Over the past two decades, since control-system design was first approached as an optimization problem, a steady flow of intensive research has produced analytical design procedure that give great insight into the nature of such systems. There continues to be, however, a large gap between the theoretical progress of optimal control theory in the literature and the analytical design tools actually used by control-system engineers. The intent of this book is to develop and exploit linear quadratic cost optimal control theory and the use of modern digital computers in designing practical feedback-control systems. Many examples are given to illustrate the suggested techniques and to demonstrate the success of the approaches.
After formulating the problem of computer control of a continuous stochastic process, the author proposes a systematic procedure for evaluating the performance of any linear control computer program, whether optimal or not, followed by a review of the details of optimal controller synthesis and a discussion of its applications to the design of computer-limited controllers. In this connection, the Joesph and Tou synthesis is shown to yield an optimal controller that is not unique, and it is demonstrated that the optimal controller computer program can be transformed into a canonical form capable of minimizing computations. Several indirect applications of optimal controller synthesis to computer-limited designs are discussed, and the final chapter offers modifications on the design philosophy of Phillips, permitting better convergence to an optimized design. Throughout, the author gives realistic numerical examples to support his theories, and in the appendixes includes a package of computer programs useful in the design of linear sampled-data controllers.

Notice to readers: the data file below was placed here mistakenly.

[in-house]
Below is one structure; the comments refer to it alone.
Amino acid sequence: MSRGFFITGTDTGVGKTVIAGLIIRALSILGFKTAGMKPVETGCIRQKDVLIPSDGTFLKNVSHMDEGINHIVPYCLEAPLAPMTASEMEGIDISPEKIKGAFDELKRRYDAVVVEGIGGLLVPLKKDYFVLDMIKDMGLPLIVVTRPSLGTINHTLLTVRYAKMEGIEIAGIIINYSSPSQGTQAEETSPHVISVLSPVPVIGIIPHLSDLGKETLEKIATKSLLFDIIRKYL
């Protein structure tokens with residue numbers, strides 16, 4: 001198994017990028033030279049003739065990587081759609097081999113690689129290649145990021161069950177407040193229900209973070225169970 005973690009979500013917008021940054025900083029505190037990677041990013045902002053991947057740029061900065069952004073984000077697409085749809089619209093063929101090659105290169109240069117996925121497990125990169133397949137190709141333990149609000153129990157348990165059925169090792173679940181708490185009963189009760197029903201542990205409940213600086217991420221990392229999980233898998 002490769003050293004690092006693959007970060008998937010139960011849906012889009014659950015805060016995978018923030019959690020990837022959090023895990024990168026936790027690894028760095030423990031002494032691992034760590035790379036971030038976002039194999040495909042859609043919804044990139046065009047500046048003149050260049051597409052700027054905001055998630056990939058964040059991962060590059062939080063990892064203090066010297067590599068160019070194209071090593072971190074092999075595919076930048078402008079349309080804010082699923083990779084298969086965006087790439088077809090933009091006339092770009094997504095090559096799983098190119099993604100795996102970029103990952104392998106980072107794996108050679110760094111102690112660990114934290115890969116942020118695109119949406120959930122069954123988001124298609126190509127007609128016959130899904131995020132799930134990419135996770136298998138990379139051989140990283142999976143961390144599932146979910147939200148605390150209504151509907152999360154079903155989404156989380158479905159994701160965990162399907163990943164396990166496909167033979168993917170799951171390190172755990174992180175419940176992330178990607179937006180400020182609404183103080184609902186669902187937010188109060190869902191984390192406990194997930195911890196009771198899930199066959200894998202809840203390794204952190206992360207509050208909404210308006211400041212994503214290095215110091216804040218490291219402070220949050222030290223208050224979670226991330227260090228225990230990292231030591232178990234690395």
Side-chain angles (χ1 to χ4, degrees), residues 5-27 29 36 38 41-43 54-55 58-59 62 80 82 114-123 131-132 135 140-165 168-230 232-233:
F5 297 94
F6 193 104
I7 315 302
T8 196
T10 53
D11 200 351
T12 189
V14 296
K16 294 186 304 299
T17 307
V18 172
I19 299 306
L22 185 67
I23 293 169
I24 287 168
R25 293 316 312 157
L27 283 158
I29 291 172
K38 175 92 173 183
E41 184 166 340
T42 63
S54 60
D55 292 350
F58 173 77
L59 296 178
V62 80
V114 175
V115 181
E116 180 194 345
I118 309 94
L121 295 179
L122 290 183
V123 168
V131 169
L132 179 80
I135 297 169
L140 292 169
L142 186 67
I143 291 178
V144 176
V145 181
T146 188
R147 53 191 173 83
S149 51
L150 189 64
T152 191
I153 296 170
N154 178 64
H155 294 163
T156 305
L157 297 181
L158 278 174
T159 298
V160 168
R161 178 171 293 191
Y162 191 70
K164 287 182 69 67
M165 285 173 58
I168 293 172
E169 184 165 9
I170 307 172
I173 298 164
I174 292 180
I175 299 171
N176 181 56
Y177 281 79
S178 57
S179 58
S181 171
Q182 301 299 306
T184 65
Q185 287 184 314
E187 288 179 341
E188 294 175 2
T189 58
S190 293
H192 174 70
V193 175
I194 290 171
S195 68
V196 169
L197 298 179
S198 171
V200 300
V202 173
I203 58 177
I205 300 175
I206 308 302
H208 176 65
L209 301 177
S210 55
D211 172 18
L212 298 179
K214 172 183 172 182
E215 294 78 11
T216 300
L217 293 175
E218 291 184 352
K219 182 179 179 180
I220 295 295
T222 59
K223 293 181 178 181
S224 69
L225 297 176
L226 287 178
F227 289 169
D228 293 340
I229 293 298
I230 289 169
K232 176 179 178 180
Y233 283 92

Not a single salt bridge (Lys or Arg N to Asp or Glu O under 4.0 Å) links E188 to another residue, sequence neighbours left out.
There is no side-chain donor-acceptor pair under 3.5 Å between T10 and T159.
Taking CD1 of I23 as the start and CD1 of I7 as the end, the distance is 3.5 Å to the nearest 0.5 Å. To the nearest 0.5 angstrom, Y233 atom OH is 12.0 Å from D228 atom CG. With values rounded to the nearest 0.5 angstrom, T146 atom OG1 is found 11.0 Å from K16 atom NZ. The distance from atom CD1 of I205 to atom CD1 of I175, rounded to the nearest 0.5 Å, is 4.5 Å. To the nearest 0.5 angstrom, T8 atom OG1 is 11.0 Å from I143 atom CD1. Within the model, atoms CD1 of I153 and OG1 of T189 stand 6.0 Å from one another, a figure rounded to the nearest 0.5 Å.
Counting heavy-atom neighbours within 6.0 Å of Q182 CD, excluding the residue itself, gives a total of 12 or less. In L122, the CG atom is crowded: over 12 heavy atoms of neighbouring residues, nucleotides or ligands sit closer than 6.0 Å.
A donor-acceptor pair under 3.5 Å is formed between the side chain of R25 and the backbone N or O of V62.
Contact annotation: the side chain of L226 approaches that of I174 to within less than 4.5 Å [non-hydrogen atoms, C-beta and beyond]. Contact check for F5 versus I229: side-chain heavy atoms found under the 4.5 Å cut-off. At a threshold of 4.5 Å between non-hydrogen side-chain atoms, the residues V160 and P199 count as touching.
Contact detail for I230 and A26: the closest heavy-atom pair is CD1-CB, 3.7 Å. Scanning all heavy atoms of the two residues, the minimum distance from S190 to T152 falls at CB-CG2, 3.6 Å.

The book should be of great value to engineers wishing to use the latest analytical and numerical design techniques for the design of computer controllers.